Today’s question is, what should I not be doing in a volatile market?
Heath Grossman here for Money Wisdom Question Series. I’m going to break down my answer by separating people into two camps.
Two Camps of People
The first camp of people are those that have done a broader financial plan, which includes a retirement income plan. They’re confident that they’re going to have enough income coming in and they’ve allocated some of their assets to safe types of investments. Safe things being where you’re guaranteed that you cannot lose any money in a market downturn like this. I’m going to assume those people also have some exposure to the market in addition to those safe assets.
What they should not be doing in volatile markets like we’re experiencing lately is panicking, making any big wholesale changes, or letting emotions dictate what they do. I know that what I’m saying is often not easy advice to follow when markets are volatile, especially towards the downside. It’s very emotional. This is money that we’ve saved up, and our natural inclination as humans is to stop that downturn to some degree.
What we’ve learned from history is that when these things happen, markets do eventually come back. I’m not saying it’s going to come back next week or next month, or maybe even this year, but we know that over periods of time, the market grows and comes back. If you’re trying to time the market and go to cash because you’re trying to stem the tide, ultimately, the next question becomes when do you get back in? It’s very difficult to time the market. You ultimately have to be right twice. It’s hard enough being right once.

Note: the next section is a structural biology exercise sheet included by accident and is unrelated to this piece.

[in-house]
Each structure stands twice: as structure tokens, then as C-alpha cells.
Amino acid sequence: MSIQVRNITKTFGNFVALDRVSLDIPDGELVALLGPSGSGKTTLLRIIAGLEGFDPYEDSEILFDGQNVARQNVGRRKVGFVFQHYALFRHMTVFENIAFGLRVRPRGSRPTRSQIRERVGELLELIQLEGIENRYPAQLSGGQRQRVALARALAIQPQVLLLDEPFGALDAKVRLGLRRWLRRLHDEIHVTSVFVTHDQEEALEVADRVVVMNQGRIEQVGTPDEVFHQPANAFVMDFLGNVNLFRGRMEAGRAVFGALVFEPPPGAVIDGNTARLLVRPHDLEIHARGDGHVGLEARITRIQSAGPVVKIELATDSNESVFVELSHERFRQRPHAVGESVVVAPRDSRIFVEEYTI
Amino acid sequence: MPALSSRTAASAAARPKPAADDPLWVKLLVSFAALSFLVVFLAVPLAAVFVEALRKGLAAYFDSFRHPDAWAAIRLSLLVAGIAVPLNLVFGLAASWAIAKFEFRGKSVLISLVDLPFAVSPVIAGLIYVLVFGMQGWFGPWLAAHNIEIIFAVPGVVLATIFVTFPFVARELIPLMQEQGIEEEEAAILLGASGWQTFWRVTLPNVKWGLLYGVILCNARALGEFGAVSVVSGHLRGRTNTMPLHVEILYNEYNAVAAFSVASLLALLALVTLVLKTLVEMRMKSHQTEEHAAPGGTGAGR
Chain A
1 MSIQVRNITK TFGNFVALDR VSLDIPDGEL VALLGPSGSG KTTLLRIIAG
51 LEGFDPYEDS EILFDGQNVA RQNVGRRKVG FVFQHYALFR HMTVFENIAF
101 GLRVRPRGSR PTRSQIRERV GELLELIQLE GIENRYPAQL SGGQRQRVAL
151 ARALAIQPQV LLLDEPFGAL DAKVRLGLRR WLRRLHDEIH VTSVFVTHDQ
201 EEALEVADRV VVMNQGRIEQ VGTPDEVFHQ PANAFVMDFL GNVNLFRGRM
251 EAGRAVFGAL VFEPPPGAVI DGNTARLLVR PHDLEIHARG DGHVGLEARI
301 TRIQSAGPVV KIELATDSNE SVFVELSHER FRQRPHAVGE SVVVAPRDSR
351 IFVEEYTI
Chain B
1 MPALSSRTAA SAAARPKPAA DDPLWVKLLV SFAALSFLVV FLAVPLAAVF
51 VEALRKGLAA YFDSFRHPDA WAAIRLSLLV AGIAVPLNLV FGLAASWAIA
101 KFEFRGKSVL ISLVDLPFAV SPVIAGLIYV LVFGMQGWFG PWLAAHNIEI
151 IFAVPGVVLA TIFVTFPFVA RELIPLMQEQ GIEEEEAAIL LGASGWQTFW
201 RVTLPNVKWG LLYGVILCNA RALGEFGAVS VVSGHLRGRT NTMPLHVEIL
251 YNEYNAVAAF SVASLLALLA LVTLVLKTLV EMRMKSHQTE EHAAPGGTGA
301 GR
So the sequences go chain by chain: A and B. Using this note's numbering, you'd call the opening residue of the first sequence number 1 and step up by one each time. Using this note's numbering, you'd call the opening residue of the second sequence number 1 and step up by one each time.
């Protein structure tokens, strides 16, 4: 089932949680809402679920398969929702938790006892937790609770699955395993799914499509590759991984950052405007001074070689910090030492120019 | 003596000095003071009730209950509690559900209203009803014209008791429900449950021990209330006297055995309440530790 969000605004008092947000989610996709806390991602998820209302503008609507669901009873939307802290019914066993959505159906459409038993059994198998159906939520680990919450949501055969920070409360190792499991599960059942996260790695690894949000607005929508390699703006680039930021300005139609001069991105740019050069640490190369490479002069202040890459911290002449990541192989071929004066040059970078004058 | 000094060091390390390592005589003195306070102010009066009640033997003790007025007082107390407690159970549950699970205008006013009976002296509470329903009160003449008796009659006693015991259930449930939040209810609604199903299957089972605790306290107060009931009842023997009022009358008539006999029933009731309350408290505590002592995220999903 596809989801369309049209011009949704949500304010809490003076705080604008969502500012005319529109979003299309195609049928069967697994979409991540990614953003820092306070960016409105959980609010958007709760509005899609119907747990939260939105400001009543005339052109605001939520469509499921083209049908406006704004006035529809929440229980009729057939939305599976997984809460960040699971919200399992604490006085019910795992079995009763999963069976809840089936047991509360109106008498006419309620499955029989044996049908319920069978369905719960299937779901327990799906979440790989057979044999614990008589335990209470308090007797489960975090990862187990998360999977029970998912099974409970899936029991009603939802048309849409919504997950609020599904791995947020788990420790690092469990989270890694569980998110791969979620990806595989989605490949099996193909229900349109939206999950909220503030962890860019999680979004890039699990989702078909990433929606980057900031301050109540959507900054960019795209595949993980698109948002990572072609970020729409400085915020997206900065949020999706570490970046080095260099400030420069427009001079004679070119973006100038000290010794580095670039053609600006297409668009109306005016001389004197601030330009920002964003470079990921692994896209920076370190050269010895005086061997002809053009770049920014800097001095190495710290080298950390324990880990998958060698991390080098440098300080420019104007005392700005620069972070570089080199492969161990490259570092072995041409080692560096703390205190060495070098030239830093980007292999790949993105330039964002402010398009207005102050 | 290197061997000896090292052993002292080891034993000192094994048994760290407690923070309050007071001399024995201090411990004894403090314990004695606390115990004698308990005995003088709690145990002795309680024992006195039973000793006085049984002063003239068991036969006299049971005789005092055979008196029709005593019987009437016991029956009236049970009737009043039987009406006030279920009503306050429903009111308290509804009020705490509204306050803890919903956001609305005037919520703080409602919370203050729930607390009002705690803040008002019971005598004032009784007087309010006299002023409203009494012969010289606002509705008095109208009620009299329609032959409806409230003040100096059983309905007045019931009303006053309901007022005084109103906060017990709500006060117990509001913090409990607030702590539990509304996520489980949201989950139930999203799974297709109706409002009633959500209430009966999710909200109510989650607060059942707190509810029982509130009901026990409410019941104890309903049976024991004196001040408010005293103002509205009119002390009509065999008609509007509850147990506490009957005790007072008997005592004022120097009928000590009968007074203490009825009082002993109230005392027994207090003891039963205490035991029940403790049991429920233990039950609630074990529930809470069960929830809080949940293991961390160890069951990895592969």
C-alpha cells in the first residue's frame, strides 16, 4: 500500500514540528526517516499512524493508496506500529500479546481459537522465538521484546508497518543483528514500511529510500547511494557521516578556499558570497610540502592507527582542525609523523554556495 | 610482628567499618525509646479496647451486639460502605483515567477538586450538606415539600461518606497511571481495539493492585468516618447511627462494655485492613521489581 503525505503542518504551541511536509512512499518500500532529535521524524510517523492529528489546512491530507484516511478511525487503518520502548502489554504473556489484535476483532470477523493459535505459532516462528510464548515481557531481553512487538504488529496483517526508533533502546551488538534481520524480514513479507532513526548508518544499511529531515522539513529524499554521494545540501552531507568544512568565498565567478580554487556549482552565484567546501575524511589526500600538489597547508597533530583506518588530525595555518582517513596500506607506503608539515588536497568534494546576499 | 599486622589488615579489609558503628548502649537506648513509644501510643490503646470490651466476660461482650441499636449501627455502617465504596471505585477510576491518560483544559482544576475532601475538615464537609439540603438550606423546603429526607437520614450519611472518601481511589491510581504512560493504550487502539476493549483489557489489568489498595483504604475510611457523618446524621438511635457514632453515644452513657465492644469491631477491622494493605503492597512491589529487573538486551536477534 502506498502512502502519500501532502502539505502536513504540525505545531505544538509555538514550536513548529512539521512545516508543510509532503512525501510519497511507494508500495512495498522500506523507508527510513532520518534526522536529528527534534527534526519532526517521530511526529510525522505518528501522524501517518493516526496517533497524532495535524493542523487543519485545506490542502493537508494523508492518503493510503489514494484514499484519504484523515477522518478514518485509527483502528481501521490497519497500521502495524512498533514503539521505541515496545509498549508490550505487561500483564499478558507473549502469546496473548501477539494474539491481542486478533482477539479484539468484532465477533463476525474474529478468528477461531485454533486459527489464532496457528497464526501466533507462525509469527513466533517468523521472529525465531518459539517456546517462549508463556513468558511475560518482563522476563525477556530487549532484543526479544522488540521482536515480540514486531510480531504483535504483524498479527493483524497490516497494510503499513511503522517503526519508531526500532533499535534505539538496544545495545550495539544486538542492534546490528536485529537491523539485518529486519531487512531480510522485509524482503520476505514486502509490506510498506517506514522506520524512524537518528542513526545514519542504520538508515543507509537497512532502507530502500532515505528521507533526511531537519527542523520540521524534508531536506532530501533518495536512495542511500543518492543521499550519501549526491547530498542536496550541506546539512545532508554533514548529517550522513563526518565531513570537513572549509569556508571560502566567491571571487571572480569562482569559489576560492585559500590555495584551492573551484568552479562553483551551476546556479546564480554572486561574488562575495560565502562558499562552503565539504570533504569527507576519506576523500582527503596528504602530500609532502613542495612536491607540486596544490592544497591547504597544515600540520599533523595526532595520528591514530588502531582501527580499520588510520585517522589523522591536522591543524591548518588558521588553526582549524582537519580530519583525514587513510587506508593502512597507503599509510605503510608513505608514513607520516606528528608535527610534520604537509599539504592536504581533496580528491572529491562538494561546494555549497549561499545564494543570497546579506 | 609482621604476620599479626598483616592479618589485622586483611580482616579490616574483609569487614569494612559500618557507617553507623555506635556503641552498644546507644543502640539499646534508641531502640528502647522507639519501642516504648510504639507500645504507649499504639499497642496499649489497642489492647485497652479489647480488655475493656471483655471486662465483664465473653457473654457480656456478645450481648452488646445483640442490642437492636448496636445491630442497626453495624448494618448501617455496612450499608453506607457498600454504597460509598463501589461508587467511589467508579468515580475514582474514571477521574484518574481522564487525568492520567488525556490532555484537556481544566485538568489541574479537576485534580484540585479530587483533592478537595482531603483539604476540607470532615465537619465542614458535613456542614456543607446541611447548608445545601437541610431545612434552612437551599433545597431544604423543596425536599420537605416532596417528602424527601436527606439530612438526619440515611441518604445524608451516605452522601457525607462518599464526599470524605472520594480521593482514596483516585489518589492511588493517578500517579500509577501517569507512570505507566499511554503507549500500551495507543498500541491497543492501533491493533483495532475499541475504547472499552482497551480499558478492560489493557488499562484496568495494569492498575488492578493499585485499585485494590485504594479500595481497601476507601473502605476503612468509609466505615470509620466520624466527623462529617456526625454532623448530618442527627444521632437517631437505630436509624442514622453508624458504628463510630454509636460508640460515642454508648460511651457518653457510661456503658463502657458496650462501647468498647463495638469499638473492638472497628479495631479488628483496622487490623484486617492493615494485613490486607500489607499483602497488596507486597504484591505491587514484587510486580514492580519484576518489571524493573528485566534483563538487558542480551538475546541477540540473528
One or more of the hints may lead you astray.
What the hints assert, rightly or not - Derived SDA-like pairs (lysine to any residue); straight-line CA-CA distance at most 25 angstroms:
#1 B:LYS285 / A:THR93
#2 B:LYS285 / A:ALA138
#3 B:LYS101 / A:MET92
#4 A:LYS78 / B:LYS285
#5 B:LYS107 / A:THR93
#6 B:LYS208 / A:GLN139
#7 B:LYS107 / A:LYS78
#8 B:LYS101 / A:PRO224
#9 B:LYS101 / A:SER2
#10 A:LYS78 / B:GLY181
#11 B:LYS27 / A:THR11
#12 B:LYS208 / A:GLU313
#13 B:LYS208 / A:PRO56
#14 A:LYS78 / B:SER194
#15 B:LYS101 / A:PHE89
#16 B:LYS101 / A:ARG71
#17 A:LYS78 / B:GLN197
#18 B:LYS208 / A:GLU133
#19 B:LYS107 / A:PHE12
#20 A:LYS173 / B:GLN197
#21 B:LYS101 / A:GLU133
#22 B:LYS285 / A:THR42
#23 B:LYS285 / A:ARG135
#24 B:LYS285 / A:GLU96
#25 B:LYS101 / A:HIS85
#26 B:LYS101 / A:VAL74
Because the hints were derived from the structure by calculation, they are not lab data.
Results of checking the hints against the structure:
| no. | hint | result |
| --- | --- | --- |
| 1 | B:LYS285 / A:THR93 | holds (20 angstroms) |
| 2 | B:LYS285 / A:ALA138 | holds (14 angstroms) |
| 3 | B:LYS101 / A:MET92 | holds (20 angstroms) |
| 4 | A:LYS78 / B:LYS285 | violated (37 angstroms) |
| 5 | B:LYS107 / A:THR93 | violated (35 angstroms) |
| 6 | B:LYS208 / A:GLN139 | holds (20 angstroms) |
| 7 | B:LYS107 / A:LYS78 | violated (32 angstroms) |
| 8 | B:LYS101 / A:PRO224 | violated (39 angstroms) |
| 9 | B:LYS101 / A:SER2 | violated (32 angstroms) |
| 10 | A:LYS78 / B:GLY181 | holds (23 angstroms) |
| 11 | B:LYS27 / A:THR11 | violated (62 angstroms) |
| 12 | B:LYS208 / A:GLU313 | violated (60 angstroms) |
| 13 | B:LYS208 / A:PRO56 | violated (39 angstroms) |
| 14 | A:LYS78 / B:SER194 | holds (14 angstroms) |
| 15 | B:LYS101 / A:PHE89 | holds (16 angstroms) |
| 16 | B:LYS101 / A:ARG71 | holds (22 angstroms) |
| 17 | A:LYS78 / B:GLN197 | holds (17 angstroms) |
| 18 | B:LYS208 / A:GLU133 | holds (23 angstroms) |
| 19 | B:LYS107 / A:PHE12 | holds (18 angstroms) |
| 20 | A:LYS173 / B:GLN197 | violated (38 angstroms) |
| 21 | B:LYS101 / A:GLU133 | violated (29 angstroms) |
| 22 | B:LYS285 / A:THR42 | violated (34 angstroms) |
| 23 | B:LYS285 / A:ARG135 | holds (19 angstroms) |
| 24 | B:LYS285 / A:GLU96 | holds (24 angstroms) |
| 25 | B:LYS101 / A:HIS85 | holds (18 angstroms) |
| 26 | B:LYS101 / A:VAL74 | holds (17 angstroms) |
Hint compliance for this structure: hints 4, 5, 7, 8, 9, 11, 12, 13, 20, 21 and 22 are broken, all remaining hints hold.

The other camp of people are those that maybe have not done a broader retirement plan, including a retirement income plan. Maybe those folks have allocated too much of their money towards the market. Maybe they’ve been lulled into a little bit of complacency over the past 12 or 13 years with the market being up. We always love when the market goes up, it feels good and it feels like we’re doing the right thing because our money is growing. But, how do we know when we’ve taken on too much risk?
We know exactly the answer to that question. We know when we’ve taken on too much risk when the accounts go down to the extent that we’re not comfortable with it. So for folks like that, they should probably be revisiting their risk tolerance and allocation to make sure it’s still in line with who they are as people and what their long term goals are.